Center Basel: we had group lessons and
group activities; and I was, in fact, Head of
Studies of two of the centres.
And then everything went pear-shaped.
Yeah. In 2001, they disappeared. They closed.
It was set up with a mother company and
some of the centres belonged to this company
and then what they did were franchises. The
schools I worked for were actually franchises.
The mother company was asking for a lot of
money each month for the franchise and for
the material. The owners, my bosses, were
quite on the ball about things and said, “Let’s
put an end to it. Let’s change the name. Let’s
go on our own,” and that’s what we did.
I stayed on until 2003 and then I said I’d had
enough of Spain and decided to leave Spain
forever and go off to London, which I did.
What did you do in London?
I spent about 3 or 4 months doing nothing in
London. The problem was that, two weeks
before leaving Spain, I met my partner, and
we’re still together, so I returned to Spain.
Why the change to Switzerland?
Because my partner works for EasyJet which
has just closed in Spain. The base in Madrid
closed in November. The crews and the pilots
had two choices: transfer to another base in
the network or go into unemployment, which
was never an option. Basel was the best
choice, really. To tell you the truth, I’ve
always wanted to live in France, as well. So,
this is a great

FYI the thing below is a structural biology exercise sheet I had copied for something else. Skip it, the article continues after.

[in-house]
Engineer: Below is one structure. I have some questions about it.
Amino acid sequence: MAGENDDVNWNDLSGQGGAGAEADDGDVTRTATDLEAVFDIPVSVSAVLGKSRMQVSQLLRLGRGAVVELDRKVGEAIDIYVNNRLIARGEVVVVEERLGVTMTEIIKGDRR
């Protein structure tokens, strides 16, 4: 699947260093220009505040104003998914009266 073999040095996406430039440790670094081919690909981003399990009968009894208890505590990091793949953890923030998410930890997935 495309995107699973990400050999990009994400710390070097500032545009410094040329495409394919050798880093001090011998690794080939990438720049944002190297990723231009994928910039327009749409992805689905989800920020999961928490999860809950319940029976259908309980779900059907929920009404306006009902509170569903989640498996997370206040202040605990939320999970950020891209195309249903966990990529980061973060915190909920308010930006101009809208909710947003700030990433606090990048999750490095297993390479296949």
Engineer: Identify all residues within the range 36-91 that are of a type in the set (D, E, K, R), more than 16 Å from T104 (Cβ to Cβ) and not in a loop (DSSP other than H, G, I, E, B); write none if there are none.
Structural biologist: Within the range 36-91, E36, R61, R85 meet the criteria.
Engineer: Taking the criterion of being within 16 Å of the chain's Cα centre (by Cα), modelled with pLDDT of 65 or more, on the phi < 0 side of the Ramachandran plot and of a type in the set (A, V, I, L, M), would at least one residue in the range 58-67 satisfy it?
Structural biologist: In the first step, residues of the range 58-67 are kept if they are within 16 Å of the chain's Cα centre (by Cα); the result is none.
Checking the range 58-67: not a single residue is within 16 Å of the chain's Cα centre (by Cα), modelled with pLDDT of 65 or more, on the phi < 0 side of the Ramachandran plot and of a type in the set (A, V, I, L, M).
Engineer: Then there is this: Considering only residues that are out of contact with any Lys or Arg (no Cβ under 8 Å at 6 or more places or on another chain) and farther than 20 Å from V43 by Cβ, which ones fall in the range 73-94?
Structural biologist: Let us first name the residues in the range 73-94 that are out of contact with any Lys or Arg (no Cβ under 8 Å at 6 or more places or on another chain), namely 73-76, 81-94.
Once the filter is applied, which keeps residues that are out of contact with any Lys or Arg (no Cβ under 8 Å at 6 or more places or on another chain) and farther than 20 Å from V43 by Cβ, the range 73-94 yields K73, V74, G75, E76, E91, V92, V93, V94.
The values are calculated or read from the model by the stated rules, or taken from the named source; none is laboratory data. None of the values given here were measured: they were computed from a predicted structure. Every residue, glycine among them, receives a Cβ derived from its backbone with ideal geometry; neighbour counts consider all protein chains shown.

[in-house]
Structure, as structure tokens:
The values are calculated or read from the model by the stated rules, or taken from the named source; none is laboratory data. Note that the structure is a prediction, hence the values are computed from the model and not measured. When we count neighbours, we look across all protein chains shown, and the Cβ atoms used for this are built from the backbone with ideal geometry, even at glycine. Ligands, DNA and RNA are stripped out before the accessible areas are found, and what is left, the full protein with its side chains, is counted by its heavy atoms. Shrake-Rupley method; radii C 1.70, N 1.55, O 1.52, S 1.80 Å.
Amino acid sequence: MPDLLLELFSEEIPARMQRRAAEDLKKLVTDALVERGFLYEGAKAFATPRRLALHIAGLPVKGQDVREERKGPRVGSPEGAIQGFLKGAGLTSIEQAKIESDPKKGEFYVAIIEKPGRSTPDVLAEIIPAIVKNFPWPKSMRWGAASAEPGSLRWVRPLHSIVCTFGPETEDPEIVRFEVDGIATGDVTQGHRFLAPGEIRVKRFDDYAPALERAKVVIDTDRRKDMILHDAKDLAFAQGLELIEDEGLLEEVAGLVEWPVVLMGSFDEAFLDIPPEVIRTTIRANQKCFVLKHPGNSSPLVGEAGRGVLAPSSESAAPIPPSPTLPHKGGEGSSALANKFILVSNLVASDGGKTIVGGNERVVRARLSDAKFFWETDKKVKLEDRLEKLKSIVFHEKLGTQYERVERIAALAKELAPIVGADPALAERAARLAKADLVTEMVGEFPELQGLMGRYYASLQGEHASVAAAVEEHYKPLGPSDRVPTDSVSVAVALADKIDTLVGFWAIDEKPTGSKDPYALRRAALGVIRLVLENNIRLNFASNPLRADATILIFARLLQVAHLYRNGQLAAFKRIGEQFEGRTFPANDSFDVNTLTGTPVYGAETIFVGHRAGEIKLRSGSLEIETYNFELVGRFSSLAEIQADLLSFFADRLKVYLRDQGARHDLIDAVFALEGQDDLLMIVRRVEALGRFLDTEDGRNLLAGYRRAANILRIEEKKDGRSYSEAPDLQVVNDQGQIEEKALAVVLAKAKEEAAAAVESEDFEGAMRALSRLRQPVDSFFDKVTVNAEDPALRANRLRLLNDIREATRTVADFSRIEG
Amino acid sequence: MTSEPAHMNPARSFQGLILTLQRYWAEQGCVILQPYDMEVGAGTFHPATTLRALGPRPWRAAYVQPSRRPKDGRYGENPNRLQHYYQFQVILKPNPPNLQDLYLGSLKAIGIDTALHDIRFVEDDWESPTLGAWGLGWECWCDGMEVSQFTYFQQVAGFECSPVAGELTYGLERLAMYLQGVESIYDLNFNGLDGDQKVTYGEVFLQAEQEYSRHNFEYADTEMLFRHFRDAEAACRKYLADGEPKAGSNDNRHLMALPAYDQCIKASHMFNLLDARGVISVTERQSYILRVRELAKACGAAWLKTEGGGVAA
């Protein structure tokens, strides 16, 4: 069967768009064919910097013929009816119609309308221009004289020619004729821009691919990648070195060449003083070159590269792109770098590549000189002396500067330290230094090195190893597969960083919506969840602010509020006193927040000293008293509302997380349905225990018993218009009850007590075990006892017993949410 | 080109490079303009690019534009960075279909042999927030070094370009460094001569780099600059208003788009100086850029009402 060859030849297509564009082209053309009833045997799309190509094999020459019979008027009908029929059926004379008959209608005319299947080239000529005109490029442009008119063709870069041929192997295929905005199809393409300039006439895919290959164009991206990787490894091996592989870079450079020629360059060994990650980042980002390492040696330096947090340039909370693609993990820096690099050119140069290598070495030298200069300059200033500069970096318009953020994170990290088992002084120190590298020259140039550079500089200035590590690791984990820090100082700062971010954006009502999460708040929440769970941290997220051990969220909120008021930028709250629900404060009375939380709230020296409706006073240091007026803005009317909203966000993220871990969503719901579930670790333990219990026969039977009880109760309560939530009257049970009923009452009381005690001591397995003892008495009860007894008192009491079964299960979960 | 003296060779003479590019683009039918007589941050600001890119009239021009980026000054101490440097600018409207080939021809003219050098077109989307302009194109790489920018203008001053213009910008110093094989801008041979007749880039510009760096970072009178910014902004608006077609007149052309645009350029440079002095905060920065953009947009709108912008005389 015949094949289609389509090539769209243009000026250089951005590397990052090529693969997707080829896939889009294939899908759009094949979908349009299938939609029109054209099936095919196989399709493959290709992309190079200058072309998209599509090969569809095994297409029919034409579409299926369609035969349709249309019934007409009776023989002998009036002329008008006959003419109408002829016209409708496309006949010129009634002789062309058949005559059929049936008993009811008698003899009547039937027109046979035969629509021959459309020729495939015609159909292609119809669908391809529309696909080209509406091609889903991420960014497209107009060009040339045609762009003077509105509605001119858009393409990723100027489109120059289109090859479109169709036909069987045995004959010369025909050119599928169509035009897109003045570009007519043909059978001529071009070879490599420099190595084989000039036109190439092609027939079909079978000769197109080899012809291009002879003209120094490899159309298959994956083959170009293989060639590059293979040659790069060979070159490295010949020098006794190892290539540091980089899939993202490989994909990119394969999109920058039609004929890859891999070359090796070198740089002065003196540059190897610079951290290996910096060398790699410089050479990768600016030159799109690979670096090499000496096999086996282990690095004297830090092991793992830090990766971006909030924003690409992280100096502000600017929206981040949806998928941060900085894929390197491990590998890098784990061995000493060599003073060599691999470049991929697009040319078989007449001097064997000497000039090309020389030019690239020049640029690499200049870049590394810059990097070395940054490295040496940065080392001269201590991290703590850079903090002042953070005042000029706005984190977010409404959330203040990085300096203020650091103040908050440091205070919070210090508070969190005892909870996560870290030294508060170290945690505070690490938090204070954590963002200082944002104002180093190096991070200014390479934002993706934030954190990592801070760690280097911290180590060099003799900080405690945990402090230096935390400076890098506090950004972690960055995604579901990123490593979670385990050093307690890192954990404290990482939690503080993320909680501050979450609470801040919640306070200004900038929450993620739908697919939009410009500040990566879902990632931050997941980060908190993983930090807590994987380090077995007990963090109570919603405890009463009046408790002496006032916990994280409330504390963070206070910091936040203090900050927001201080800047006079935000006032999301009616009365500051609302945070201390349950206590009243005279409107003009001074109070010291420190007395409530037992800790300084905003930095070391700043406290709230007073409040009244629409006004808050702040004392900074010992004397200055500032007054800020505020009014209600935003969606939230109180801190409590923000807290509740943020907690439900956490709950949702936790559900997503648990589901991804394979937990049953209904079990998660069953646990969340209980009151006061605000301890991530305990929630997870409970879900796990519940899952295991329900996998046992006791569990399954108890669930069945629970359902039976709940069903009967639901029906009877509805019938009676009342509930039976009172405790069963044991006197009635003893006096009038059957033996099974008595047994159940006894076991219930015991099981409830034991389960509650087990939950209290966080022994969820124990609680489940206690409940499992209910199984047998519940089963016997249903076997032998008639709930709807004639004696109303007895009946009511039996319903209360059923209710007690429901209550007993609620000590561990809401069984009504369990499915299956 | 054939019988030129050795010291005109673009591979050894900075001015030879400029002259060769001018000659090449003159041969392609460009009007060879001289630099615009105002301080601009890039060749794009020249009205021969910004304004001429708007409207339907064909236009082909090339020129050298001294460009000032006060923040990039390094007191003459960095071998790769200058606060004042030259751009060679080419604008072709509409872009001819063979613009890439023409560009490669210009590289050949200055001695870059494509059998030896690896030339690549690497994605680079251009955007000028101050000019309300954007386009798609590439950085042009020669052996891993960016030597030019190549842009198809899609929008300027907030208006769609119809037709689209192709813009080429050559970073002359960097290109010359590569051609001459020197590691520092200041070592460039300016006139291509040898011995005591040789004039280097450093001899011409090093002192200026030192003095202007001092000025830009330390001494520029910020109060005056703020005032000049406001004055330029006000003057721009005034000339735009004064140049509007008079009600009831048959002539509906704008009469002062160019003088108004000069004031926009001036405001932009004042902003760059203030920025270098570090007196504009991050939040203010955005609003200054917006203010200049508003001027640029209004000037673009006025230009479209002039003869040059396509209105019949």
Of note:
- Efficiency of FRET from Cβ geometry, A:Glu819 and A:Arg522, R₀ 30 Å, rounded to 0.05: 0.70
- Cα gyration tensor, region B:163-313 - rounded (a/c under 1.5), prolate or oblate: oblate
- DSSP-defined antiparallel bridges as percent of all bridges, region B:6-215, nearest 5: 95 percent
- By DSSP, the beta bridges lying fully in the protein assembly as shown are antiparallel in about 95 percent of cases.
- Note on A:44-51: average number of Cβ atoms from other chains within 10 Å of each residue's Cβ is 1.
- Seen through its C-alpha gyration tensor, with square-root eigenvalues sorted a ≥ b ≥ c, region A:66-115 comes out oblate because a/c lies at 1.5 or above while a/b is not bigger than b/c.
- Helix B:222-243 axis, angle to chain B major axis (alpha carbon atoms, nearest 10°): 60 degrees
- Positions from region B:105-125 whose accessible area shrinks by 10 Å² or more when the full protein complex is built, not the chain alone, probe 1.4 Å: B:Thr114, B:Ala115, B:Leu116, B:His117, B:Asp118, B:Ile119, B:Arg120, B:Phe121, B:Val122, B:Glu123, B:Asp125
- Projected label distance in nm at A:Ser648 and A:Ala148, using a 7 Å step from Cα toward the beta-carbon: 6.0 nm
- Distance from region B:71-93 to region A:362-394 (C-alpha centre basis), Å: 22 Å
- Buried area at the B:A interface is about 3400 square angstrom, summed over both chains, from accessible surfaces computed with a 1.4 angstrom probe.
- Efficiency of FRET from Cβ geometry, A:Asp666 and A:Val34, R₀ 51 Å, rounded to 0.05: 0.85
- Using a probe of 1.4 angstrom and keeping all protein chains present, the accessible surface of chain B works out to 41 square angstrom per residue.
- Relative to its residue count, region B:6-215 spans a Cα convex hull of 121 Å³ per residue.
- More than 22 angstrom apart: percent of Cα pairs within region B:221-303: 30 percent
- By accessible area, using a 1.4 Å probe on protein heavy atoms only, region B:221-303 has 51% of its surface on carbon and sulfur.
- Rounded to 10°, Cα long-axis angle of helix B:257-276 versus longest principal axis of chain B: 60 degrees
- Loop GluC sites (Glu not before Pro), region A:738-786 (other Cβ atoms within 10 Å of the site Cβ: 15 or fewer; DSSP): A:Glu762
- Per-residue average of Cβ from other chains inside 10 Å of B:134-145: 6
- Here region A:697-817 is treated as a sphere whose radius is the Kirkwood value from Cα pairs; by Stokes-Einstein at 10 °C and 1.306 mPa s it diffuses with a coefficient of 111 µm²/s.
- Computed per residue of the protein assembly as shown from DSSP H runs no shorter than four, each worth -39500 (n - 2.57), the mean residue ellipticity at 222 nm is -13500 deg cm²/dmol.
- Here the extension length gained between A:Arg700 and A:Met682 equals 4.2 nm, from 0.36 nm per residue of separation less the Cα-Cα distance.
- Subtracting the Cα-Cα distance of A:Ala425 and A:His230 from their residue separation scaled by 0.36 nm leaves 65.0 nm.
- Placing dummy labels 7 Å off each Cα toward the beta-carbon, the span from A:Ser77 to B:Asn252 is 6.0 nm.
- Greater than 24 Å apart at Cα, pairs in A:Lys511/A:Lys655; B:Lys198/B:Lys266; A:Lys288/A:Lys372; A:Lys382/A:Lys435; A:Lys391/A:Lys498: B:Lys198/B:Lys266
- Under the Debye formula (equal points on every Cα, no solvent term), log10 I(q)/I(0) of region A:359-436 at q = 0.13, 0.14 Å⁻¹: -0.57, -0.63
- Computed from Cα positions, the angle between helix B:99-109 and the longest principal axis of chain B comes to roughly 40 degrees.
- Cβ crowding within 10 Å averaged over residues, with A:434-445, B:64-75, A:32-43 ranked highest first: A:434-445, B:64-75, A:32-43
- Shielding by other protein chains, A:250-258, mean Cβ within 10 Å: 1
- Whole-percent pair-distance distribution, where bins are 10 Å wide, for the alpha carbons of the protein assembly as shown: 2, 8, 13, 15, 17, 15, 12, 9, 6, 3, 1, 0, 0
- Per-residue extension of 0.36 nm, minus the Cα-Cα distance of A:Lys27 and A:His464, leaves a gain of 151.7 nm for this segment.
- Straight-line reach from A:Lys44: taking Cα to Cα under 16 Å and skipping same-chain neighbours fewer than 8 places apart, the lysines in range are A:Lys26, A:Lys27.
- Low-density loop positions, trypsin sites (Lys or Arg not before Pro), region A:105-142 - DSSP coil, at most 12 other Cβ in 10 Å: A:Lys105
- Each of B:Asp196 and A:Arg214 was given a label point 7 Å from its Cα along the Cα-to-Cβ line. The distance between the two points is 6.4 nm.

opportunity.
How did you end up
at English Center Basel?
At first, we were
going to commute:
my partner would
come out here and I would stay in Madrid,
commuting until the end of the school term,
because I didn’t want to leave my school in
the lurch. At that time, I was working in
Madrid for EF, the world’s largest English
academy.
I sent out some CVs, although I wasn't
expecting to get too many replies to my CV,
because of the time of year, with Christmas
around the corner, and all, Nza got in contact
and after a series of interviews, she said, “Do
you want to start?” and I said, “Yeah, sure, not
a problem,” or, as we say in Australia, “No
worries.” I was delighted to start working at
English Center Basel.
Do you like teaching children or adults?
They’re all the same, but I think it’s more of a
challenge to teach an adult than a kid. With
kids, you need to be on your toes, and the
lessons just go wherever they want to take
them, basically.
Do you have a motto or a special saying?
Not really. I believe in happiness. I always say
that. I don’t know. I have lots of friends who
are always glum, glum, glum. They’re always
sad. They always have all these incredible
things happen to them. They don’t believe in
love and they don’t believe in happiness and
everything’s miserable. Well, I’m completely
the opposite.
Do you have a favourite word or expression?
In Spanish, a lot of people say “¡qué fuerte!”
which means, “That’s really heavy!” I only use
it because it’s really annoying: it’s an
expression used by teenagers, so it’s not
really something that should come out of an
adult’s mouth. Yeah, when somebody says
something to me and I don’t know what to
say to them, I say, “¡qué fuerte!”
In the chat with Henry, a number of idioms were used: keep the ball rolling, be on the ball, go pear-shaped, be left in the lurch, be on one’s toes.
What do you think they mean? Look them up at www.phrases.org.uk or http://esl-bits.net/idioms/index.htm
Incidentally, the website, http://esl-bits.net offers a wonderful range of texts and listening opportunities for learners. Check it out!
.

Similar documents